Intuitively, if during training a latent variable is of moderate interest for reconstructing the input (in comparison with the other variables), the network will learn to give less importance to it; at the end, the Kullback-Leibler divergence may prevail, pushing the mean towards 0 and the standard deviation towards 1. This will make the latent variable even more noisy, in a vicious loop that will eventually induce the network to completely ignore the latent variable.


About the Kullback-Leibler divergence in Variational Autoencoders


In this article we shall try to provide an intuitive explanation of the Kullback-Leibler component in the objective function of Variational Autoencoders (VAEs). Some preliminary knowledge of VAEs could be required: see e.g. Doersh’s excellent tutorial for an introduction to the topic.

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Variational Autoencoders (VAEs) are a fascinating facet of autoencoders supporting random generation of new data samples. The log-likelihood log(P(X)) of a data sample X is approximated by a term known as evidence lower bound (ELBO), defined as follows
Ez∼Q(z|X) log P(X|z) − KL(Q(z|X)||P(z))          (1)
where E denotes an expected value and KL(Q||P) is the Kullback-Leibler divergence of Q from P.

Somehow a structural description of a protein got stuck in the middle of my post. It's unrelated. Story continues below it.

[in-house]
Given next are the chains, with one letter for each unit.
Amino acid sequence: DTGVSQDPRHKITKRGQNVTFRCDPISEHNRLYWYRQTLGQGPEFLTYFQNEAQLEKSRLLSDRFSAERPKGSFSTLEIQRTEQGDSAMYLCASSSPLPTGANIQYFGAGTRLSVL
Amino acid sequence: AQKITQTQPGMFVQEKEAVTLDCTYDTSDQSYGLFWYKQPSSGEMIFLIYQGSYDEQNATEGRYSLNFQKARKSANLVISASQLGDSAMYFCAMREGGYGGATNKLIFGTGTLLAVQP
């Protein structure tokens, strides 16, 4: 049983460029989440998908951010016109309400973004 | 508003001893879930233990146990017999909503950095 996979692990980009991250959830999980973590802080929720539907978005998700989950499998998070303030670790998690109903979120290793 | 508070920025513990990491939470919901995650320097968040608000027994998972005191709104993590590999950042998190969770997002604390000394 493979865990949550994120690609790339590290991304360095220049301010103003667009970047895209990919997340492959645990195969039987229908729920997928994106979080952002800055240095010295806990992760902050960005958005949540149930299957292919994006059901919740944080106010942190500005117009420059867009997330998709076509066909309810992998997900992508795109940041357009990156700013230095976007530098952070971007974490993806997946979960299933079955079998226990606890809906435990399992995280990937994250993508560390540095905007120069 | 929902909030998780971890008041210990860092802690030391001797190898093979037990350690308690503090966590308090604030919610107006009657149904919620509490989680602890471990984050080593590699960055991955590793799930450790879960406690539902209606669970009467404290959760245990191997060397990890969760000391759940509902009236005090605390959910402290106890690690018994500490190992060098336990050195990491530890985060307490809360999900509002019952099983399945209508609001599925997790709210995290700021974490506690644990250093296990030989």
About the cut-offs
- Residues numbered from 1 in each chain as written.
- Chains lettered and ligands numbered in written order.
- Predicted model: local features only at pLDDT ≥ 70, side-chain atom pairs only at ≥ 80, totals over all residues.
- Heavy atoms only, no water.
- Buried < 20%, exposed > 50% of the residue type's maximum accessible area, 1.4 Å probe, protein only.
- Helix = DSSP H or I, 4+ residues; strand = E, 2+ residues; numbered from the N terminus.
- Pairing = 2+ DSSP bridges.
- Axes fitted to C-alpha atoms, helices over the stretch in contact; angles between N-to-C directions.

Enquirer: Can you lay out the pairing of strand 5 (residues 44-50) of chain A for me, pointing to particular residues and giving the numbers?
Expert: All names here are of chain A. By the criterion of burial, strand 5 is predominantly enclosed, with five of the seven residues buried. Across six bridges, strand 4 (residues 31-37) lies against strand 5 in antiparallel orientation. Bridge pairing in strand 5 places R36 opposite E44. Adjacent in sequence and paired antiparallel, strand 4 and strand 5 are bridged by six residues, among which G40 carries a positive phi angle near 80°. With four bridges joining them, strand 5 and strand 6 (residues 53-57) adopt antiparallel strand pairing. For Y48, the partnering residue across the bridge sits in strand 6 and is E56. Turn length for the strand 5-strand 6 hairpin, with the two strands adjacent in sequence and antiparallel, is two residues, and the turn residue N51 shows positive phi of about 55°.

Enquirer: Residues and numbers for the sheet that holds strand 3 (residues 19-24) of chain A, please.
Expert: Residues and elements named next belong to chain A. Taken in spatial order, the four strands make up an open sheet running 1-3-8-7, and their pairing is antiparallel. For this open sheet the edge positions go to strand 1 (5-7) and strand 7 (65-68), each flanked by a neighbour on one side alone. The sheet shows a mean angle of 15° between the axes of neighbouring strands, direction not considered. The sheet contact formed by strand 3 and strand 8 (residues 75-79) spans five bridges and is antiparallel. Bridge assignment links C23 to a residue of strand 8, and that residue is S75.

You should think of Q(z|X) as an encoder mapping data X in a vector of random variables z, and P(X|z) as a decoder, reconstructing the input given its encoding. P(z) is a prior distribution of latent variables: typically a normal distribution.

The first term in equation (1) is simply a distance of the reconstruction from the original: if P(X|z)  has a Gaussian distribution around some decoder function d(z), its logarithm is a quadratic loss between X and d(zX), where zX is the encoding for X. The interesting point is that, at training time, instead of precisely using zX for reconstructing the input image (as we shall do in a traditional autoencoder), we sample around this point according to the (learned) distribution Q(z|X). Supposing Q(z|X) has a normal shape, learning the distribution means learning its moments: the mean value zX, and the variance σ2(X).